Indian companies are increasingly exploring opportunities to set up battery cell manufacturing operations to meet the demand for components in electric vehicles (EVs). The Indian government is encouraging domestic lithium-ion cell manufacturing, which is being conducted by NITI Aayog. India would have to manufacture lithium-ion batteries domestically to meet its EV targets without relying on imports.
The government initiated the National mission on transformative mobility in 2019 to encourage phased manufacturing programmes for batteries and EV components. The initiative aims to aid in the setting up of an intricate framework of state-of-the-art battery manufacturing units all across India. To support cell manufacturing, the country needs a sufficient supply of raw materials, mainly lithium, cobalt, nickel, etc, through mining grounds within the country or in its peripheral countries. Over the next decade, NITI Aayog proposes to set up mega factories that aggregate up to capacities near 50 GWh, with an estimated cost of $5 billion. This is expected to reduce India’s dependency on foreign imports, thus encouraging the supply of indigenously manufactured batteries.
Taking lessons from China
It is said that India can learn a lot from China, which has aggressively expanded in the EV battery space over the last 10 years, conquering each part of the supply chain to emerge as the dominant player in e-mobility. China now leads in next generation EVs through large investments in R&D, favourable government policies, foreign direct investment inflows, and aggressive acquisition of raw material resources across geographies. Taking lessons from India’s neighbour in the north, improved access to raw materials can be provided in multiple ways, including the reduction of import duties on raw materials, improving bilateral ties with countries rich in the natural resources of the raw materials, and encouraging Indian companies to acquire those resources.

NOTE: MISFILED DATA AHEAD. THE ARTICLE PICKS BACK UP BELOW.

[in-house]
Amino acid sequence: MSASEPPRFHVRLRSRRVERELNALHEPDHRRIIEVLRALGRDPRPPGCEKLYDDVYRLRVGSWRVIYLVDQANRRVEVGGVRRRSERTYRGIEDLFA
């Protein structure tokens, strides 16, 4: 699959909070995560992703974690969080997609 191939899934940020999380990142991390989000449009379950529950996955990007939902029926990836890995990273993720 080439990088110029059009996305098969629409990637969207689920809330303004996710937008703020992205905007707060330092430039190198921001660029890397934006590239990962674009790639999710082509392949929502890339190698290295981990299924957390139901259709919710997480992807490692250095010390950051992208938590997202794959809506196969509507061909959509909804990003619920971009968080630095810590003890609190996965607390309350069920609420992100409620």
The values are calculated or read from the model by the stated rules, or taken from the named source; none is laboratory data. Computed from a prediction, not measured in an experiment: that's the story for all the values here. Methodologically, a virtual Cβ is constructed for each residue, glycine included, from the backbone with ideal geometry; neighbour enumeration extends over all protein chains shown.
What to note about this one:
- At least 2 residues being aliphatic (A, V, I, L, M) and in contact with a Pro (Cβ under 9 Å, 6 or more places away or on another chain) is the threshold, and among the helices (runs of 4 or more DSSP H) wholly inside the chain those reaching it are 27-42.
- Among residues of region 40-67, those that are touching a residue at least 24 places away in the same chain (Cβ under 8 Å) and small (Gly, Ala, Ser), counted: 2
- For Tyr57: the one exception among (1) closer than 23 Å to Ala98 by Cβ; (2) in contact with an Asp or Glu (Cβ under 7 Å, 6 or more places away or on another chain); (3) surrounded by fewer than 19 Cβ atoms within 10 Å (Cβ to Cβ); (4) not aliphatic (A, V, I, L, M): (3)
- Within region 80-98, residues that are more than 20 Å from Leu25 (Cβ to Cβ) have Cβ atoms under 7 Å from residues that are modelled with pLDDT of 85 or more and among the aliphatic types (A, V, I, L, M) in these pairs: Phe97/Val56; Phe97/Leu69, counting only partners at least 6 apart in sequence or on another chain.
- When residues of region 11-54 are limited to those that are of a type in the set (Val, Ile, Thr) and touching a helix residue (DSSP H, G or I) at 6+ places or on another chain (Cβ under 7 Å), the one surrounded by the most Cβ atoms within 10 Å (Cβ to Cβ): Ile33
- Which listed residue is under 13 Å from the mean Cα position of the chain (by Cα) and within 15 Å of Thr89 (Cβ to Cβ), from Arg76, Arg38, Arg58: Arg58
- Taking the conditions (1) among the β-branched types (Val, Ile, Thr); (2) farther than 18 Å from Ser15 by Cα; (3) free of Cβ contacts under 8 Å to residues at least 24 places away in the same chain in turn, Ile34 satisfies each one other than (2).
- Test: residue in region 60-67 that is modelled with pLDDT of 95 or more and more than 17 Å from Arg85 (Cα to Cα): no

“Comprehensive policies from the government that encompass the complete battery value chain from acquisition of natural resources to recycling of batteries will go a long way in providing a necessary push to the industry,” said the report titled E-mobility: Cell Manufacturing in India. Steps such as tax subsidies and the development of special economic lithium parks across countries to promote investments in raw material refining and cell manufacturing capacities, and continued PLI schemes and subsidies for cell manufacturing, will be key.
Need of local EV value chain
EV cells are the most critical part of the e-mobility value chain, and the Indian EV industry suffers from overdependence on imports and limited local manufacturing, finite access to raw materials, and limited refining capacities. To accelerate India’s electric mobility growth, the government and the industry ecosystem must collaborate to nurture a self–reliant, local EV value chain, with the established battery, manufacturers, OEMs, and startups investing in continuous R&D partnerships and global alliances to create a strong supply chain.